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Giving feedback to students by audio and screen capture

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As frequently mentioned on this blog, students across the sector perceive grave shortcomings when it comes to feedback. Alongside this, there is near-total consensus that assessments and assignments should always be formative even where they are summative. So, any new intervention which could improve the way feedback is given is worth consideration.

Yesterday at the London School of Economics’ Teaching Day, I was lucky enough to attend the session on ‘Talking to your students using audio feedback’, led by Steve Bond and Matt Lingard.

The abstract for the session:

Talking to your students using audio feedback

This seminar will present examples of use of audio feedback from universities around the UK. Participants will have the opportunity to discuss in small groups how they might use these techniques in their own teaching. It will also provide practical advice on how to get started with the use of audio.

This revived an idea brewing for a while, which was to try this at Goldsmiths.

Why audio feedback?

  • Sounds Good project based at Leeds Uni found that of 1,200 students, 90% preferred audio
  • It was the personal aspect which was most appreciated – the nuance and warmth of tone. The feedback was felt to be generally richer. This is very promising for larger cohorts where feelings of impersonality can prevail.
  • Also appreciated was the increase in feedback – it is possible for staff to give more in the same amount of time because you speak quicker than you write.


  • It’s very straightforward to do this on a desktop or laptop. Sometimes there is a decent integrated microphone on your machine, or you can use an inexpensive one e.g. on an existing web conferencing headset. CELT can lend you a mic if you need one. The software is free.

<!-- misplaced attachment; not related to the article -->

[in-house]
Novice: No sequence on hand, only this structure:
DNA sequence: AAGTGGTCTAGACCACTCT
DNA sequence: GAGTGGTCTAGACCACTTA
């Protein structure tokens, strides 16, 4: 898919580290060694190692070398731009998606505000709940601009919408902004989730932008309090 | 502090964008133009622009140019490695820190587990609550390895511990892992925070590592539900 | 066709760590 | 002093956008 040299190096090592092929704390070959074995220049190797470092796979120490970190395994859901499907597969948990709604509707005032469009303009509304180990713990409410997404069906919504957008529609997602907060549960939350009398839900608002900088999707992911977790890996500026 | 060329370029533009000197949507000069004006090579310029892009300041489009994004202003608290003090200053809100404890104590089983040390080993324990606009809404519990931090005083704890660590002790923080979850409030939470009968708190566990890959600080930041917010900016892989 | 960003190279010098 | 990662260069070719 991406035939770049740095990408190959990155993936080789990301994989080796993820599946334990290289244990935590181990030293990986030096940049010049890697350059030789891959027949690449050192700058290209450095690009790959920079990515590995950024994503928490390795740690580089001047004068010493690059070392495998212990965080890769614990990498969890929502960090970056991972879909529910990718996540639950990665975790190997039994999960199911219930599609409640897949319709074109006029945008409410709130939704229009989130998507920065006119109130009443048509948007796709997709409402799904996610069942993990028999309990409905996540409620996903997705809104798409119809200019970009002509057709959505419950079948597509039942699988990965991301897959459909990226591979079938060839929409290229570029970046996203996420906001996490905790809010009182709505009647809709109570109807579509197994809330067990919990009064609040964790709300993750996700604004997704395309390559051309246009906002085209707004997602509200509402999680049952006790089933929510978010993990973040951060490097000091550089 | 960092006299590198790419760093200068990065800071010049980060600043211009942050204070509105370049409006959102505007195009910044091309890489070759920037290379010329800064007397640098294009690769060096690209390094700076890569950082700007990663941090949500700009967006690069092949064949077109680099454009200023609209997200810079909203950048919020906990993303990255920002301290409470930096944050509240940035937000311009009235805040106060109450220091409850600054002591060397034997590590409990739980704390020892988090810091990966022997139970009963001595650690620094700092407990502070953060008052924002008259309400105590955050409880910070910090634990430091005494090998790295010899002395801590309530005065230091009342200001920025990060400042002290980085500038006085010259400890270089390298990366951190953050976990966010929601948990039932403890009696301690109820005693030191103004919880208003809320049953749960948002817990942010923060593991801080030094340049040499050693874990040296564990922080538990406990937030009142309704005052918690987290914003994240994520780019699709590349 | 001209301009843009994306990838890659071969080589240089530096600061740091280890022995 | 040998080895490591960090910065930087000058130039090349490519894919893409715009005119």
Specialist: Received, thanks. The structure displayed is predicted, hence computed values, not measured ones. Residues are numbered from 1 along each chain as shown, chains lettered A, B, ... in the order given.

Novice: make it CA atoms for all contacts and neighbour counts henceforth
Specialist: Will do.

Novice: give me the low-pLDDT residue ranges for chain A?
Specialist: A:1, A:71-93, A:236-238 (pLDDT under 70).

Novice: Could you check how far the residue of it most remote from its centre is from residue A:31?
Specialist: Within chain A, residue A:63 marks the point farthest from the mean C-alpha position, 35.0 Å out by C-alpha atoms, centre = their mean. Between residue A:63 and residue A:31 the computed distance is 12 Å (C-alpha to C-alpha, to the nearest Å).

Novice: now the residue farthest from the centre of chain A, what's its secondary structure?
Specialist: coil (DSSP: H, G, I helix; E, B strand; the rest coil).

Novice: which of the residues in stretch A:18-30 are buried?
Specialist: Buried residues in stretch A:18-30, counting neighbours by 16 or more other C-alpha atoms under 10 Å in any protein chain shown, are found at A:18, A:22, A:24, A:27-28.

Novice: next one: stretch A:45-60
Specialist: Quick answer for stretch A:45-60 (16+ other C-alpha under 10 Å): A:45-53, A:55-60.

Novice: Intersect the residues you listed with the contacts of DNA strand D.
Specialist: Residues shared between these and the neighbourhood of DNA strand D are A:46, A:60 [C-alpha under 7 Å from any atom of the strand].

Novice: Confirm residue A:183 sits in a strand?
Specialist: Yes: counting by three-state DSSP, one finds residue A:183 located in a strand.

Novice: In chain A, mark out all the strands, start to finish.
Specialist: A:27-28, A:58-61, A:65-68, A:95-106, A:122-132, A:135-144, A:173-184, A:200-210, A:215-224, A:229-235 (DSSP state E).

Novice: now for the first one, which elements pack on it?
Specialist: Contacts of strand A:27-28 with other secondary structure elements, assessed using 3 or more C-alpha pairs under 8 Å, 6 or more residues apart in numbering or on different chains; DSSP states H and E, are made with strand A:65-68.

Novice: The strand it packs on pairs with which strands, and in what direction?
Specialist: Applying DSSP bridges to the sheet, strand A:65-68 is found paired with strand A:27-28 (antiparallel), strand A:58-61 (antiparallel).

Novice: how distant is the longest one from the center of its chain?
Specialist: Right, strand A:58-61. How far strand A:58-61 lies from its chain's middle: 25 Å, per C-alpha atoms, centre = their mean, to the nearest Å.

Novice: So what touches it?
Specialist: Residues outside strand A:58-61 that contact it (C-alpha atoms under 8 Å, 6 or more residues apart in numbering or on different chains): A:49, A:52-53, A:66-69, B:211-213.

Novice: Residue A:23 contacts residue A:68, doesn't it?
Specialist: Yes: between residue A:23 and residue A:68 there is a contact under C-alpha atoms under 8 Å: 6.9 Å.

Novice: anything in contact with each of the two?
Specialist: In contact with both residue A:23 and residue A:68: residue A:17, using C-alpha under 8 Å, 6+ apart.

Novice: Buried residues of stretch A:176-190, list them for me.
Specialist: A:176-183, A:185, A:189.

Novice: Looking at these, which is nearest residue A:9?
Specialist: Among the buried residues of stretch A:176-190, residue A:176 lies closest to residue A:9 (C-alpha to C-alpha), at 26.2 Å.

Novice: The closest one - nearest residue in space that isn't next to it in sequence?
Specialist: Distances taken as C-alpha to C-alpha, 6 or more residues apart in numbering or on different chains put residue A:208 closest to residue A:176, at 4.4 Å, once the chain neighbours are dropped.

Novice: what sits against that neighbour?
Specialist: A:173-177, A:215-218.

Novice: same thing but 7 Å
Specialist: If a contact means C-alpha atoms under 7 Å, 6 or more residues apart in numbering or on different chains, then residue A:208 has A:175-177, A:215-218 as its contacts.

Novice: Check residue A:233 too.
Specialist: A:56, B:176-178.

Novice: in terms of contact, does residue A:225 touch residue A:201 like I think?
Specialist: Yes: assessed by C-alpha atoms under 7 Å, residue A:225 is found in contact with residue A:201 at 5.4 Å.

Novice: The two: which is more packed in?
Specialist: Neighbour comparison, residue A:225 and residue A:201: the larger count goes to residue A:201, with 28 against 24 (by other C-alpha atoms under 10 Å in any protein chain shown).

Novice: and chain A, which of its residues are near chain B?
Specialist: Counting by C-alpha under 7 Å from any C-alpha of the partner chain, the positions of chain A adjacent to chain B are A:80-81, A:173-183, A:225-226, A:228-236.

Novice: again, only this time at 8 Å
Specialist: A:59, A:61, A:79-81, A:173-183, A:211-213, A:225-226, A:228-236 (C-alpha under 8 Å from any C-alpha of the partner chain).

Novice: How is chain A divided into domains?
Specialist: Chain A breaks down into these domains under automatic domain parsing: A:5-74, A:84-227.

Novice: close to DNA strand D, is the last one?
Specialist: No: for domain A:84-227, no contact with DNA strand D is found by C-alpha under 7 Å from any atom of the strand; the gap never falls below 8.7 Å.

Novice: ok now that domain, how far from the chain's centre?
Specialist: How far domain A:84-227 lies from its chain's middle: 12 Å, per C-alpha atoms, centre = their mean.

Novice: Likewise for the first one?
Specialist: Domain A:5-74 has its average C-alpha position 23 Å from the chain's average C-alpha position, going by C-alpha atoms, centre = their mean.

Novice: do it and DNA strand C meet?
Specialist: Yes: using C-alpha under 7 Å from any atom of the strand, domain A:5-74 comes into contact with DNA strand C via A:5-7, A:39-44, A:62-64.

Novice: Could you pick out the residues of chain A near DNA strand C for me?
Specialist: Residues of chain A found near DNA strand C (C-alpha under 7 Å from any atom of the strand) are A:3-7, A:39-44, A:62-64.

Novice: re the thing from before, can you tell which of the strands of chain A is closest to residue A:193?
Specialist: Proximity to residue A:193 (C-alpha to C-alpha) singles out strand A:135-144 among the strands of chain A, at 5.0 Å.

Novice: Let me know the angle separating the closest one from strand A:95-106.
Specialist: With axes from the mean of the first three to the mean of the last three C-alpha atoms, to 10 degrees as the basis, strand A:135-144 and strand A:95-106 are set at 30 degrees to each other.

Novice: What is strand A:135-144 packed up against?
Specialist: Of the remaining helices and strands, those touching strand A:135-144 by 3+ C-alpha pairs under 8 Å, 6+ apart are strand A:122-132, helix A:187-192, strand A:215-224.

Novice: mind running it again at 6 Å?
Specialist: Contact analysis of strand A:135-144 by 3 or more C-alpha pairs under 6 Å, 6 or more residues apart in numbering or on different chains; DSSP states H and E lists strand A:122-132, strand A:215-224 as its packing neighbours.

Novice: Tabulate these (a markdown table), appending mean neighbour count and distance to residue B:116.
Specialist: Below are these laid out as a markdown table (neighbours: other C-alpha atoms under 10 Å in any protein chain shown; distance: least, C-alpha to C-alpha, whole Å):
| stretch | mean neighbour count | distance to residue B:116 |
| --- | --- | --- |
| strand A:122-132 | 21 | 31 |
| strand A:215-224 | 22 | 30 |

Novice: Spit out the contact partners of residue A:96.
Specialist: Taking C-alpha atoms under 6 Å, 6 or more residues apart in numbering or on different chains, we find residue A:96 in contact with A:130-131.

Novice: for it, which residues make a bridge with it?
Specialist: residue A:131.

• Tutors say that it takes about 12 goes to hone and optimise the process, but after that it’s quick and easy
  • Because the humanity of the feedback is one of the things that’s valued, there is no need to script what you are going to say – some brief notes are sufficient and umms and ahs are not a problem
  • Because context is often important, Steve and Matt had hit on Jing, a free screen capture tool. This has the added benefit of the tutor being able to talk to the piece of work they have marked, and to use gestures or highlights as well as speaking. It is possible to scroll through the work on-screen and talk through bit by bit, in context.
  • The feedback is saved as a file and can be uploaded to each student’s private space in learn.gold’s Assignment tool.

Any caveats?

  • Of course
  • Not all students can hear – a few may need or prefer text feedback
  • If you are one of those tutors who is fortunate enough to have time to give ample written feedback, and to discuss this with students, then audio / screen capture feedback may well feel like a step back. It’s more relevant for tutors who can’t.
  • The feedback is not searchable or easily skimmable in the way that text feedback is. Depending on how long your feedback is, this may or may not be a problem. You could provide your outline plan to the student, and on it make a note of the timings of when you started talking about a given section.

Find out more

Worth investigating further? Contact Mira or John at celt@gold.ac.uk.


Written by Mira Vogel

June 10, 2009 at 11:21

Posted in assessment, audio